Warming global temperatures could see an explosion of life in the Antarctic Ocean.
Increases of just 1°C or 2°C, which are predicted over the next century, could lead to rapid increases in the populations of some species at the expense of others.
Researchers from the British Antarctic Survey and the US’s Smithsonian Environmental Centre made the discovery after warming an area of the seabed around their research facility.
The findings reported in the Current Biology journal showed the effects of future warming may far exceed expectations.
Marine ecologist Gail Ashton said: “I was quite surprised. I wasn’t expecting a significant observable difference in communities warmed by just 1°C in the Antarctic.
“I have spent most of my career working in temperate climates where communities experience much greater temperature fluctuations and wasn’t expecting such a response to just 1°C of change.”
Predicting how organisms and whole communities will respond to climate change in the future remains a major challenge.
So, Ashton and her colleagues decided to actually warm an area of seabed around the Rothera Research Station and watch what happened.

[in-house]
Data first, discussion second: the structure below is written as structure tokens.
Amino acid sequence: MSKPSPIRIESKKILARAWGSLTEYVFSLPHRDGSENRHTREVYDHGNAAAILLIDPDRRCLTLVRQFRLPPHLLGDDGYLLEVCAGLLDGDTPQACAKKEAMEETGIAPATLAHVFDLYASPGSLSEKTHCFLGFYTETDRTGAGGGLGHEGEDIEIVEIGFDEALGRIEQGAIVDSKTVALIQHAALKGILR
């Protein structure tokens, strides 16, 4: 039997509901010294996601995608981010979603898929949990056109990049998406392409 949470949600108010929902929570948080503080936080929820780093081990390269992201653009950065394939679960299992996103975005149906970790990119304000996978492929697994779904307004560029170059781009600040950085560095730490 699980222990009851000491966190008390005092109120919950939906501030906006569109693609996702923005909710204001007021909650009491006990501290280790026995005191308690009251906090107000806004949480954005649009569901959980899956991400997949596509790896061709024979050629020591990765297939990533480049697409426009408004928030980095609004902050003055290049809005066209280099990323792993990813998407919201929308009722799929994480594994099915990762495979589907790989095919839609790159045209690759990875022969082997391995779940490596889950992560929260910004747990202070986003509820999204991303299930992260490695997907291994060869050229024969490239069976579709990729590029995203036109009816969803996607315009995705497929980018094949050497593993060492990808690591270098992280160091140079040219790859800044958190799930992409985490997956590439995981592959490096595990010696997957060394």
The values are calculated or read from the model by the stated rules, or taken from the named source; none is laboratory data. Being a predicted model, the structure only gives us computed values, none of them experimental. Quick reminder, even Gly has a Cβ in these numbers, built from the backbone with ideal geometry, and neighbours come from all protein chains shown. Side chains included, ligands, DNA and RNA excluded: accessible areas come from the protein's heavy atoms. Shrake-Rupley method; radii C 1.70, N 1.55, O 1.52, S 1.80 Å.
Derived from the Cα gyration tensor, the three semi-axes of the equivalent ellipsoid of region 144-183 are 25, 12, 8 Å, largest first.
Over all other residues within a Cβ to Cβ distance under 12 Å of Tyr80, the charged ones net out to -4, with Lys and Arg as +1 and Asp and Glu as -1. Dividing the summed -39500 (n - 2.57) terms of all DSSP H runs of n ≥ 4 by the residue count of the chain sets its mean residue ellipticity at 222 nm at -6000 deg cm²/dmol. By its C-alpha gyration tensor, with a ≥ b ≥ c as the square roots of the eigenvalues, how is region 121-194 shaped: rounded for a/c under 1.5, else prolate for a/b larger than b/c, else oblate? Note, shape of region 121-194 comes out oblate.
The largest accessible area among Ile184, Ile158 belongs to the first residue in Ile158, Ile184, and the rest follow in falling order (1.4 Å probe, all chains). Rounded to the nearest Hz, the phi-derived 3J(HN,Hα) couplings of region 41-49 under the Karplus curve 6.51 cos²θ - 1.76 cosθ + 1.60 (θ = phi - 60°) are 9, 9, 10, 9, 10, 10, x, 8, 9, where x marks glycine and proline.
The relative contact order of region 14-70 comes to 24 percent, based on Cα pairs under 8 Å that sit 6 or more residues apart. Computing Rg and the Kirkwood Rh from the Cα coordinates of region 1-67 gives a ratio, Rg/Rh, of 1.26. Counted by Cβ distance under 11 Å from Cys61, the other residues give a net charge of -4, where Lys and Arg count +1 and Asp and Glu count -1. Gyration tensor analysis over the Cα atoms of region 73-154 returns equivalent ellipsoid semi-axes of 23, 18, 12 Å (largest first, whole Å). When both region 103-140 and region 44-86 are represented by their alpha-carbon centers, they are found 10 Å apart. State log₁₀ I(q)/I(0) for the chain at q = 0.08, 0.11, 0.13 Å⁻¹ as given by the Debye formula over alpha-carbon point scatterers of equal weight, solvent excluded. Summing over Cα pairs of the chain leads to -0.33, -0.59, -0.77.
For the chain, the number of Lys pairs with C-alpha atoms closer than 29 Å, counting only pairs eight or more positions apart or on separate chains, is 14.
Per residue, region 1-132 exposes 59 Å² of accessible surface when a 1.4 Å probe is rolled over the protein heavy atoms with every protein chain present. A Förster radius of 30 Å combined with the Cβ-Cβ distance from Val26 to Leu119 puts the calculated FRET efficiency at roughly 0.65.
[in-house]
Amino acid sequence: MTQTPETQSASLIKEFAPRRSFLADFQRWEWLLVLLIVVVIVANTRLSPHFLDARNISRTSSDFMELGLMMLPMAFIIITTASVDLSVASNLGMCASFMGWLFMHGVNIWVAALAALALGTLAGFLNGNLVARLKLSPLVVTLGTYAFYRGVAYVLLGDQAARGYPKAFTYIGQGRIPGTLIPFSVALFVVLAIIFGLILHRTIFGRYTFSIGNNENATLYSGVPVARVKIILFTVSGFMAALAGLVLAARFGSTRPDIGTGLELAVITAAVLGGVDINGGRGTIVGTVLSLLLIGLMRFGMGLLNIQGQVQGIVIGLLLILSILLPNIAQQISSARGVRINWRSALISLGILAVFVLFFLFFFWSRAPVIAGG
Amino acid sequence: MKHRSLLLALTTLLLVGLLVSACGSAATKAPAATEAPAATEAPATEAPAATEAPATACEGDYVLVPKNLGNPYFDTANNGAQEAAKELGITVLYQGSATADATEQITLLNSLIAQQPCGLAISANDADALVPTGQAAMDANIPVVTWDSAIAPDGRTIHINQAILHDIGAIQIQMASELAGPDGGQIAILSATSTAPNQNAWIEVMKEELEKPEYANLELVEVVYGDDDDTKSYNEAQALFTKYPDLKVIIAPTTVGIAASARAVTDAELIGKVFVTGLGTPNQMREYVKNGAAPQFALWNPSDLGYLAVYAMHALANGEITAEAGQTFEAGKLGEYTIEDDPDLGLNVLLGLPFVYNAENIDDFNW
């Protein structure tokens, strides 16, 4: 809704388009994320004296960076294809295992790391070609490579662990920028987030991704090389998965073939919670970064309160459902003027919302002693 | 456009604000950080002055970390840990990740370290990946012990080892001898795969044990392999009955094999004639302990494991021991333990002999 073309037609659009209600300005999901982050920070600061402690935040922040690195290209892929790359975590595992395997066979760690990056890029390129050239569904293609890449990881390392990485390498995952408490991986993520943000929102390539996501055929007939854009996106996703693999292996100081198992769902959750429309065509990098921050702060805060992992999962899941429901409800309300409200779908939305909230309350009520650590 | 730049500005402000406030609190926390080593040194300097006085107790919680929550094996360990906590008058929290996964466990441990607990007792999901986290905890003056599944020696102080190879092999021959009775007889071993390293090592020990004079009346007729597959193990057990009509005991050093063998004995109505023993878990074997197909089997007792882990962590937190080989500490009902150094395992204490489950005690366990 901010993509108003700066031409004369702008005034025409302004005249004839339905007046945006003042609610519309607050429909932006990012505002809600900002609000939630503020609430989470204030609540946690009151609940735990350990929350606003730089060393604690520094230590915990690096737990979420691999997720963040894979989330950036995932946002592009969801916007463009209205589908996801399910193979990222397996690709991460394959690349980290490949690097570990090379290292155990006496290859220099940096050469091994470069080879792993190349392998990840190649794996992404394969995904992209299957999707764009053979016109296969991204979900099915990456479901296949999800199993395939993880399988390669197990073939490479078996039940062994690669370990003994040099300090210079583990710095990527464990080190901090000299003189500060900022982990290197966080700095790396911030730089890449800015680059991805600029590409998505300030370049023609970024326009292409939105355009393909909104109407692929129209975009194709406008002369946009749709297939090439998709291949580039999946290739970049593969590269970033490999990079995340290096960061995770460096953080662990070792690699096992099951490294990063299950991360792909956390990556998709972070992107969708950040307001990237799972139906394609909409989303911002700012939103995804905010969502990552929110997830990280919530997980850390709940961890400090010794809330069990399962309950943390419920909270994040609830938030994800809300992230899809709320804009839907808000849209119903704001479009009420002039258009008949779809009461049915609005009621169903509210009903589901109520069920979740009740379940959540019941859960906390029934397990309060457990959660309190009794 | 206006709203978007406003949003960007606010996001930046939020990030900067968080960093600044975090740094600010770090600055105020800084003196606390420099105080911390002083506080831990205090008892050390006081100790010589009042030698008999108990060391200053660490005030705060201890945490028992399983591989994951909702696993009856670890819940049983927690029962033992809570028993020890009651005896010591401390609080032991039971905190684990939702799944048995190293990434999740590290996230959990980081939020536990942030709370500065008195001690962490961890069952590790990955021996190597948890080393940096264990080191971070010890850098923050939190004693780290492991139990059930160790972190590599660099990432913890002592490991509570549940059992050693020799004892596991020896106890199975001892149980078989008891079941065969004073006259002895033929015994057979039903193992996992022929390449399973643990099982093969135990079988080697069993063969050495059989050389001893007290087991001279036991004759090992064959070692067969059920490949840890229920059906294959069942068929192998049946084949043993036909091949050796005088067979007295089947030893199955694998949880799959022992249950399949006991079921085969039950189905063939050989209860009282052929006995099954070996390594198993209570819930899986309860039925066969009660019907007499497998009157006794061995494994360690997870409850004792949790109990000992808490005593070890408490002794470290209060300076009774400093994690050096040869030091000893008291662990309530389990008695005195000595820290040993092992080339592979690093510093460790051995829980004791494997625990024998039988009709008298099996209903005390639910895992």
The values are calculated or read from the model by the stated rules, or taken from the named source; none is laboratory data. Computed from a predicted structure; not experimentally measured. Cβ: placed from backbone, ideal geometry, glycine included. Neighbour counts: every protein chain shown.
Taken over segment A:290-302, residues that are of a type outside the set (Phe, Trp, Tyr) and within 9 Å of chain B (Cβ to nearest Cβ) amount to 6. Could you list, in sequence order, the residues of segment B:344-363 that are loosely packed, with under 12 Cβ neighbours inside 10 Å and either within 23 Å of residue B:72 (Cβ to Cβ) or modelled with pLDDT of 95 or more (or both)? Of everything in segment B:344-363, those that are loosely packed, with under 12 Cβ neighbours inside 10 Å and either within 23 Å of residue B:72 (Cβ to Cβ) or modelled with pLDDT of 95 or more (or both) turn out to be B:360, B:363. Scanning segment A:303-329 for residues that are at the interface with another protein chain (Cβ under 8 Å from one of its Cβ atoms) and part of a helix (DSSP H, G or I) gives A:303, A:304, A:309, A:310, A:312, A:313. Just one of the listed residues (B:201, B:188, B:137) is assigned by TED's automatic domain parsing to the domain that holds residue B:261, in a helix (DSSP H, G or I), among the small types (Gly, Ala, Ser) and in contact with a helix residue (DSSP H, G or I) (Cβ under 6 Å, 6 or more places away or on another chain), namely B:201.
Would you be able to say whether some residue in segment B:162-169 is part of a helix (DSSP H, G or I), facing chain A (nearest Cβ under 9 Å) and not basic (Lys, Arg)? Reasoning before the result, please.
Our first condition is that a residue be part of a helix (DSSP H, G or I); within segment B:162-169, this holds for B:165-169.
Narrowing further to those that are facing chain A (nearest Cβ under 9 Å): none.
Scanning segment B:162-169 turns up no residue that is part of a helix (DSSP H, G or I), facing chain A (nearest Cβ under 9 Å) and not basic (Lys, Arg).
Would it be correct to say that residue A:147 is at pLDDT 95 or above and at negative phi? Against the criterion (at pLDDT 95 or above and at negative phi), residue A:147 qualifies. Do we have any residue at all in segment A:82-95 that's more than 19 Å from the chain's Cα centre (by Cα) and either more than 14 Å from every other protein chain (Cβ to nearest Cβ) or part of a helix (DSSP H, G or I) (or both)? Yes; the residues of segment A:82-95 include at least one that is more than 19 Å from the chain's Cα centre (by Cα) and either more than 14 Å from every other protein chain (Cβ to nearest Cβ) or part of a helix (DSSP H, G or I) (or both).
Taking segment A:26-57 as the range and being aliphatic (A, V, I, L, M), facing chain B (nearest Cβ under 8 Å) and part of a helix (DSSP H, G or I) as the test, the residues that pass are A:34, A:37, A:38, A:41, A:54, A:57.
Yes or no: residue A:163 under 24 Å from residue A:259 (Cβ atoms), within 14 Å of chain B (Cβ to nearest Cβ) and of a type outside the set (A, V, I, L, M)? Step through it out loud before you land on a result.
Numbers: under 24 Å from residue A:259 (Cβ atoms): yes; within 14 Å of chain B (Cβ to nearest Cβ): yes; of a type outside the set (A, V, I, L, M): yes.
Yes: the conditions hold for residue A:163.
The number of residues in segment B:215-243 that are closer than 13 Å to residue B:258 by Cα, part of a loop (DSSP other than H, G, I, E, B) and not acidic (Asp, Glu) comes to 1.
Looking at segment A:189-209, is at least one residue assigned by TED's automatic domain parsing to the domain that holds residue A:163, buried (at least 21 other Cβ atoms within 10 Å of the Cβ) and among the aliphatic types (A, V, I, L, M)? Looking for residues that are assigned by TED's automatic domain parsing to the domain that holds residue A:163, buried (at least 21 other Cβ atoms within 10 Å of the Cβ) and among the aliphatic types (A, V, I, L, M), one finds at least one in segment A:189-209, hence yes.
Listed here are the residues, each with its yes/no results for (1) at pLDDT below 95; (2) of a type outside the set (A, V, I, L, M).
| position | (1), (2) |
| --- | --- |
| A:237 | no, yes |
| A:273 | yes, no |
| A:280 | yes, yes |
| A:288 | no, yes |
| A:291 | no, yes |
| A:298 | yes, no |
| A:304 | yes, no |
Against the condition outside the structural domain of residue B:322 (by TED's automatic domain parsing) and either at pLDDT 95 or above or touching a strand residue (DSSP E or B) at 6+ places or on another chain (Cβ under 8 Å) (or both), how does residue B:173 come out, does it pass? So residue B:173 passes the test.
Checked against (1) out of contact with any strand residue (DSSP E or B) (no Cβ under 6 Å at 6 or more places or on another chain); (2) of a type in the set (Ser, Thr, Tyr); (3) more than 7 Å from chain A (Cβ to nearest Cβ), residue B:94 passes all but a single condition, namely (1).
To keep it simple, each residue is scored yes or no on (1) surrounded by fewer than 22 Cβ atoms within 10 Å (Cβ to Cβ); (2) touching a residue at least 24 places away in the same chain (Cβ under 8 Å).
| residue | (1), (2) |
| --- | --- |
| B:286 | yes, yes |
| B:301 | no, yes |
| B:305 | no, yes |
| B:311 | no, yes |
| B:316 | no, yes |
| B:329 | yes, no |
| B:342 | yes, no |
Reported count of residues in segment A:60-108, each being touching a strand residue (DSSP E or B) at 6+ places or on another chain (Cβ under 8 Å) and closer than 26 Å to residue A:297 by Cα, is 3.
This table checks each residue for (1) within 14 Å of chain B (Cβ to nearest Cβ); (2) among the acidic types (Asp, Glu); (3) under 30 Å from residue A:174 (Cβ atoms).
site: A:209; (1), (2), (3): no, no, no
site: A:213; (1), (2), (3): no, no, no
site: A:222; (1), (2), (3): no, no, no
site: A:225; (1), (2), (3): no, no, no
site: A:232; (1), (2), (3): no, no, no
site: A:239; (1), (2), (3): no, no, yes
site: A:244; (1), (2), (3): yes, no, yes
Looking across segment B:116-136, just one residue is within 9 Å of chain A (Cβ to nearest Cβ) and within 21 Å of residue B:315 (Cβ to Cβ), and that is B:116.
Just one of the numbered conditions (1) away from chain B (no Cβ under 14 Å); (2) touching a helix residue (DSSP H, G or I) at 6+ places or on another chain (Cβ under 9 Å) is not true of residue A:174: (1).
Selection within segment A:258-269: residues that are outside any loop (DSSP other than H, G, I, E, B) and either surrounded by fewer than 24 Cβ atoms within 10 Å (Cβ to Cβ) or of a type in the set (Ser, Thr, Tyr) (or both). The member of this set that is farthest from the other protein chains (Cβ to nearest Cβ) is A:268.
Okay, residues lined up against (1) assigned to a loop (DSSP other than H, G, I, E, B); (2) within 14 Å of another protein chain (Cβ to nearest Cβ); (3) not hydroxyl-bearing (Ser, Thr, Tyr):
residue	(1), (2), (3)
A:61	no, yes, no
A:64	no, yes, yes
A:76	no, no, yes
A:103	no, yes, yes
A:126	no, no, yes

They deployed heated settlement panels to warm a thin layer of water by 1°C or 2°C above the ambient temperature.
The experiment showed that with a 1°C increase in temperature, a single pioneer species of bryozoan, which are aquatic invertebrate animals typically about 0.5 millimetres long, took off.
That one species ultimately dominated the community, driving a reduction in overall species diversity and evenness within two months.
Individuals of a marine worm, Romanchella perrieri, also grew to an average size 70 percent larger than those under ambient conditions, the researchers report.
The responses of organisms to a 2°C rise in temperature were much more variable.
Growth-rate responses to warming differed among species, ages, and seasons.
Species generally grew faster with warming through the Antarctic summer.
However, different responses among species were observed in March, when both food availability for suspension feeders and ambient temperature declined, the researchers report.
The researchers say the findings suggest that climate change could have even greater effects on polar marine ecosystems than had been anticipated.
The researchers say they now plan to expand the use of this technology to investigate the response to warming in other locations and communities, including the Arctic.